Tucked away in lower Manhattan, in the middle of the hustle and bustle of Chinatown, there is a beautiful synagogue that served the large Jewish community that came from Europe in the 19th century.
The Eldridge Street Synagogue is one of the first synagogues erected in the United States by Eastern European Jews. Between 1880 and 1924, two and a half million East European Jews came to the United States.
Close to 85 percent of them came to New York City, and approximately 75 percent of those settled initially on the Lower East Side.
The Eldridge Street Synagogue opened its doors at 12 Eldridge Street on September 4, 1887, just in time for the Jewish High Holidays.
Hundreds of newly arrived immigrants from Russia and Poland gathered here to pray, socialize and build a community. It was the first time in America that Jews of Eastern Europe had built a synagogue from the ground up. The synagogue was built with the support of successful Eastern European immigrants who could afford major contributions to its initial $92,000 cost.
The synagogue even paid for the distinguished Russian cantor to move to New York and lead the congregation.
The synagogue’s architects were two little-known German brothers named Herter, who also built tenements and lofts in the neighborhood.
The building reflects a mix of Moorish, Romanesque, and Gothic influences, with 70-foot vaulted ceilings, stained-glass windows, intricate carvings, and trompe l’oei murals. "Trompe l’oei " is French word for “trick the eye,” used to mimic the appearance of something three-dimensional.
Faux finishes were used to make walls and columns look like marble.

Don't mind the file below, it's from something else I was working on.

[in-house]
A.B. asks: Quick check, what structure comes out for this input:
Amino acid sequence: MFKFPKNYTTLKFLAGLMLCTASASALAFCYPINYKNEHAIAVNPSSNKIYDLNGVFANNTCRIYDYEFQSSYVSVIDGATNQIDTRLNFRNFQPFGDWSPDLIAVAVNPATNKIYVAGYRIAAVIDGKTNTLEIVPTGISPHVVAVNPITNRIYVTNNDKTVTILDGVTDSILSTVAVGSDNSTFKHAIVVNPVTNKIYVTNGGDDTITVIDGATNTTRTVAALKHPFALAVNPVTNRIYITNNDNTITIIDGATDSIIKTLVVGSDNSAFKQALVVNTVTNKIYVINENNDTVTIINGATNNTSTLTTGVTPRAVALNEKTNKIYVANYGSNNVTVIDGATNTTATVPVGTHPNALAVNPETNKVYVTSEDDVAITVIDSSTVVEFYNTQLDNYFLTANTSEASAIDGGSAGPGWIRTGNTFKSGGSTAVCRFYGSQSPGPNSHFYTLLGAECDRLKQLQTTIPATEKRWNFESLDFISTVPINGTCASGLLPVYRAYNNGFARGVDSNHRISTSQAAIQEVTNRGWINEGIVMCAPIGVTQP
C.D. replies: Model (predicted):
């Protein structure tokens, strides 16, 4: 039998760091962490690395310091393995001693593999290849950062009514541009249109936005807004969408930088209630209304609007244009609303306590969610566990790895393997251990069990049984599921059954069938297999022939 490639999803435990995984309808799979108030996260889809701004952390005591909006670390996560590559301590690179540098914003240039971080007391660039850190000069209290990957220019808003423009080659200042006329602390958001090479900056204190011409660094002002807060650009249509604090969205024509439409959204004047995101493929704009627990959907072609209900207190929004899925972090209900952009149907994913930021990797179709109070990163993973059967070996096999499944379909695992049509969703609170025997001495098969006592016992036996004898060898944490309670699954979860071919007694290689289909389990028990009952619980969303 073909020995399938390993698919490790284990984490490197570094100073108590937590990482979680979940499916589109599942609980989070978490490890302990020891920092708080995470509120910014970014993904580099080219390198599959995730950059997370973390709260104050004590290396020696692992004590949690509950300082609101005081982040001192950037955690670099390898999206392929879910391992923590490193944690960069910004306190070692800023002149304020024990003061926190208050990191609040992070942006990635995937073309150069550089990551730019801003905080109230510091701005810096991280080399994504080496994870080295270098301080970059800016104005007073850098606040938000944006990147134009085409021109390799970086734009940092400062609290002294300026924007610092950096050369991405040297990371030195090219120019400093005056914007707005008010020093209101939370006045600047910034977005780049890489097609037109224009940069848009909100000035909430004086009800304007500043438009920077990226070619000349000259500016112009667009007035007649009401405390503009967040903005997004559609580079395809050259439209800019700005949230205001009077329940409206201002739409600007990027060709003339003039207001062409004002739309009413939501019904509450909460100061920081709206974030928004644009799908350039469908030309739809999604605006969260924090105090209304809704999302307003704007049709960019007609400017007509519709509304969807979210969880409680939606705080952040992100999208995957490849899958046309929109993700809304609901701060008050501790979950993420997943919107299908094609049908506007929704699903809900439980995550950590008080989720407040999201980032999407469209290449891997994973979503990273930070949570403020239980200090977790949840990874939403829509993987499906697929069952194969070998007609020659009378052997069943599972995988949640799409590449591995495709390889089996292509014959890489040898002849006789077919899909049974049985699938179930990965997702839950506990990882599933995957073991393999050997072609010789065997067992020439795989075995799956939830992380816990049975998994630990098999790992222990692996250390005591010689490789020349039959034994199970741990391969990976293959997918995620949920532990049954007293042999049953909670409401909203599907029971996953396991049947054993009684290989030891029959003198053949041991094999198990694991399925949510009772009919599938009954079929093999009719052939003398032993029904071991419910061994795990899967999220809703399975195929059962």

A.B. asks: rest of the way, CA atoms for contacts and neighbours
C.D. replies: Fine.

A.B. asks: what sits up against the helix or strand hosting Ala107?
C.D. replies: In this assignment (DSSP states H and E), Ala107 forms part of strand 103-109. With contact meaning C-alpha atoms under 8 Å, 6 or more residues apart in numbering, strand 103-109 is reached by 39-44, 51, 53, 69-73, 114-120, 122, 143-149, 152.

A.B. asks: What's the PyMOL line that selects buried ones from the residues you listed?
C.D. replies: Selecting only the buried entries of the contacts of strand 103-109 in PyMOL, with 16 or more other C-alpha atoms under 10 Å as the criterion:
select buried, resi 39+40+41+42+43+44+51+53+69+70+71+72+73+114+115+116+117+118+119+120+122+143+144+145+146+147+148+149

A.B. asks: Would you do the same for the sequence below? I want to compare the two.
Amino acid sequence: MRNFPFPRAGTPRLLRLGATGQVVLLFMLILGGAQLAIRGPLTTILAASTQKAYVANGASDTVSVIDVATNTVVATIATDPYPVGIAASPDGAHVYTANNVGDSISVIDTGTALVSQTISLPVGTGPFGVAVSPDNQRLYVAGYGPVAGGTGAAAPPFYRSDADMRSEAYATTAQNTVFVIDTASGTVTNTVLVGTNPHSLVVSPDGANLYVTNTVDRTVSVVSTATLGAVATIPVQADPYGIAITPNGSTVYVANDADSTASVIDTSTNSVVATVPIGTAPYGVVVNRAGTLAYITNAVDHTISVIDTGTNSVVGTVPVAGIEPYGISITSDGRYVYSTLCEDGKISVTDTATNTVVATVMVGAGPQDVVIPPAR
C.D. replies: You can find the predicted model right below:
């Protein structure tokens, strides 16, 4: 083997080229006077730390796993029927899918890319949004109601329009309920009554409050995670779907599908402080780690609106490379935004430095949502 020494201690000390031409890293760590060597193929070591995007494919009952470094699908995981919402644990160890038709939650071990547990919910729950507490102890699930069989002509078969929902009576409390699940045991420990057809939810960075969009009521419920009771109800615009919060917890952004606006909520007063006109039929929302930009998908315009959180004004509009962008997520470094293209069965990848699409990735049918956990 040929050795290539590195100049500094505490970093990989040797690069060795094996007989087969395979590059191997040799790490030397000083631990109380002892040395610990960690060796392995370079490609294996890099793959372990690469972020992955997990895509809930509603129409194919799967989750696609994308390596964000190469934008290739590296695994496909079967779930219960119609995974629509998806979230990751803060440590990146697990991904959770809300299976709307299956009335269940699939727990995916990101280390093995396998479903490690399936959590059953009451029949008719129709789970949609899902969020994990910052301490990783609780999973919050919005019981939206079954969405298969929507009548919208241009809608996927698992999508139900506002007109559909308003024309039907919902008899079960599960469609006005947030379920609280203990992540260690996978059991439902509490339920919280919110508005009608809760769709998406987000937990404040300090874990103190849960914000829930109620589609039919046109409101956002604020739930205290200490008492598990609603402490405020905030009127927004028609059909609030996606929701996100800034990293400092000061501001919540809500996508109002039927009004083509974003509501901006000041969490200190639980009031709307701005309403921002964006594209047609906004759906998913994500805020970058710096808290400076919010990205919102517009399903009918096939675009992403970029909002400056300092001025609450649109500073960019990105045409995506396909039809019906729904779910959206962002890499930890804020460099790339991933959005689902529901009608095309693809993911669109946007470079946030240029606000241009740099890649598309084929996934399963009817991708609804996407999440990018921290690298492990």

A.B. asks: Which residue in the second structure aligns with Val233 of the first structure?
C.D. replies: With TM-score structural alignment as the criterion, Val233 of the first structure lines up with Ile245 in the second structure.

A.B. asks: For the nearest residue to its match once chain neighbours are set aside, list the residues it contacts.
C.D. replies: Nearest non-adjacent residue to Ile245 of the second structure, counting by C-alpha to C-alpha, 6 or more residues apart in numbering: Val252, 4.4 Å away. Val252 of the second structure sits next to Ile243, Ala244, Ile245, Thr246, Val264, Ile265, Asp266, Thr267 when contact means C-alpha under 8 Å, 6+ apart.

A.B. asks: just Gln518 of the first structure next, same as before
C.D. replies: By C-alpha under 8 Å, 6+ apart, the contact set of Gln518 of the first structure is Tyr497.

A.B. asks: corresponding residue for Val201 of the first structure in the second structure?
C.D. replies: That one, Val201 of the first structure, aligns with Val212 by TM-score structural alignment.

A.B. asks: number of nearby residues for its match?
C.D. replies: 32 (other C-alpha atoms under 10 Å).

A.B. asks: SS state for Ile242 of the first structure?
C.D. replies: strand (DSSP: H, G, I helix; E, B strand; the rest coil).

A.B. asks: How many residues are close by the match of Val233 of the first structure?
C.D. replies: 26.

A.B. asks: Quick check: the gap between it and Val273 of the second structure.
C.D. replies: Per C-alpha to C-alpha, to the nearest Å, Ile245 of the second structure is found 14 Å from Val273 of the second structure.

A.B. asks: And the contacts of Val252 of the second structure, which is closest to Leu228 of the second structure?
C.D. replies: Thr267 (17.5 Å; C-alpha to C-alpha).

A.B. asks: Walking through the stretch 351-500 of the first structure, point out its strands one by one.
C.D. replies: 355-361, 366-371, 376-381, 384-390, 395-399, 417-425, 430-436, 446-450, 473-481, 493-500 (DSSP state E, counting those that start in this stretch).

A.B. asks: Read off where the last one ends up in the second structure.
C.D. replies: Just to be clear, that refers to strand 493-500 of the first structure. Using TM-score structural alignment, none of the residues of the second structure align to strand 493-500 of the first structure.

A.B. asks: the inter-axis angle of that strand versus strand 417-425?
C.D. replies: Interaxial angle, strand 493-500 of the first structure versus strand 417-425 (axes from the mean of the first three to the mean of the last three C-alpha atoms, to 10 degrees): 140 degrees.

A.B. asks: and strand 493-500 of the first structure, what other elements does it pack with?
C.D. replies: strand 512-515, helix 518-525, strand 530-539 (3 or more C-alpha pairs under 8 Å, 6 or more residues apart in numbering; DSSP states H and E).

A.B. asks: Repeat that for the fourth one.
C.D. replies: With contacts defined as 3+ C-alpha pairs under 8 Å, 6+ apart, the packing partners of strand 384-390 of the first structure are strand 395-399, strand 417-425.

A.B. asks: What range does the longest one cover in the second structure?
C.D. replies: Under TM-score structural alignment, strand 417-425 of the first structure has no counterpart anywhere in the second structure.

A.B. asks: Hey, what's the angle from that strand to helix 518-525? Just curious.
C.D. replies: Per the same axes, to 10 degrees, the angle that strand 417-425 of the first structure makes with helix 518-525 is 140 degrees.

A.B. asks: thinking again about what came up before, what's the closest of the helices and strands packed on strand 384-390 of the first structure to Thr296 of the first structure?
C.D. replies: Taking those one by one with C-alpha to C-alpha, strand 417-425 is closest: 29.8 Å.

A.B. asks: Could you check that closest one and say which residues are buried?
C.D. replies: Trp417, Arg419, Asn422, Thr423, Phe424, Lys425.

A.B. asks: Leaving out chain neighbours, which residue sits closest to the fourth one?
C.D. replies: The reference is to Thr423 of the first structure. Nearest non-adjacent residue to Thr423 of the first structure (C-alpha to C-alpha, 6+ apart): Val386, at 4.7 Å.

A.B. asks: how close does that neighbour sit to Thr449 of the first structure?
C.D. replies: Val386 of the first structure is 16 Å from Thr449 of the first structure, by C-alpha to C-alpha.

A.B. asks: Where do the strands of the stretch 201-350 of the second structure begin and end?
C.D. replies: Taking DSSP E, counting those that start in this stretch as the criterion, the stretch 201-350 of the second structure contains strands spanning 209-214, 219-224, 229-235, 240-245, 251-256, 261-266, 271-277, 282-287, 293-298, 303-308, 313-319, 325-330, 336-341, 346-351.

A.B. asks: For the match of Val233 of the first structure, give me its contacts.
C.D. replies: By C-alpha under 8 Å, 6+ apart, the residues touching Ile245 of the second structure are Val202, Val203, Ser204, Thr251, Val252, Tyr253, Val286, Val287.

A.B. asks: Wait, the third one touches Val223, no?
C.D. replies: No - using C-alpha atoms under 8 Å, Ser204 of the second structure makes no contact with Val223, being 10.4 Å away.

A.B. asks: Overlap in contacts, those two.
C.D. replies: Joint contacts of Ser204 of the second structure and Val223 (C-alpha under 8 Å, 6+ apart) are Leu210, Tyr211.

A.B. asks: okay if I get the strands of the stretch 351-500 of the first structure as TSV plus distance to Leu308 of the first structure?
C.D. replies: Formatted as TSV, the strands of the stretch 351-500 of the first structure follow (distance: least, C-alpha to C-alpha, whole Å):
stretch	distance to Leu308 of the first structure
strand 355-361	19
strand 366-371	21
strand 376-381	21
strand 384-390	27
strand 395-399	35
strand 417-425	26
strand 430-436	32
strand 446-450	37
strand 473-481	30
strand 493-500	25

For almost forty years, the synagogue flourished. Men and women came in their finery, and mounted policemen patrolled the crowds.
By 1910 the neighborhood of the Eldridge Street Synagogue contained half a million Jews, one of the largest Jewish populations of any city in the world.
Immigration Act of 1924 was signed into law on May 26, 1924.
The act established a quota system that limited immigration from southern and eastern Europe (primarily Jewish and Slavic). By the 1920’s, nearly one-third of the American population consisted of immigrants and their families.
Between 1880 and 1924, approximately two million European Jews entered the country. In the year after passage of the new immigration law, fewer than 10,000 European Jews were able to enter on an annual basis.
This act and a Great Depression affected the congregation’s fortunes. From the 1940s on, the main sanctuary was used less and less.
By the 1950s, a depleted but stalwart congregation could no longer afford the repairs needed to maintain the building, or even to heat its sanctuary, and met in the street level chapel. In the 1970s and 1980s, the congregation still prayed in the street-level chapel, but the building itself was in disrepair.
Hoping to preserve and ultimately restore the building, the journalist and preservationist Roberta Brandes Gratz and attorney William Josephson incorporated the not-for-profit, Eldridge Street Project (renamed the Museum at Eldridge Street).
The Museum completed the Eldridge Street Synagogue restoration in December 2007, the synagogue’s 120th anniversary.
in 1997 the Synagogue reopened after a restoration that took 20 years and cost $20 million. A radiantly modern east rose window was installed in 2010. A Rose window, the gothic architectural feature, usually associated with Christian cathedrals, is a very uncommon element of synagogue.
It was borrowed by the synagogue’s architects, recent German immigrants.
Today the Eldridge Street Synagogue is home to the Museum at Eldridge Street, which welcomes people from around the world for tours, school programs, concerts, lectures, festivals and other cultural events. The small Orthodox congregation of this Synagogue has never missed a Saturday or holiday service in the more than 120 years since the synagogue first opened. The museum now receives 40,000 or so visitors a year. Museum works Sunday – Thursday from 10 am to 5 pm, and on Friday from 10 am to 3 pm. Synagogue tours are offered on the hour (10, 11, 12, 1, 2, 3 & 4). Monday is a free day to visit the museum.
Post a Comment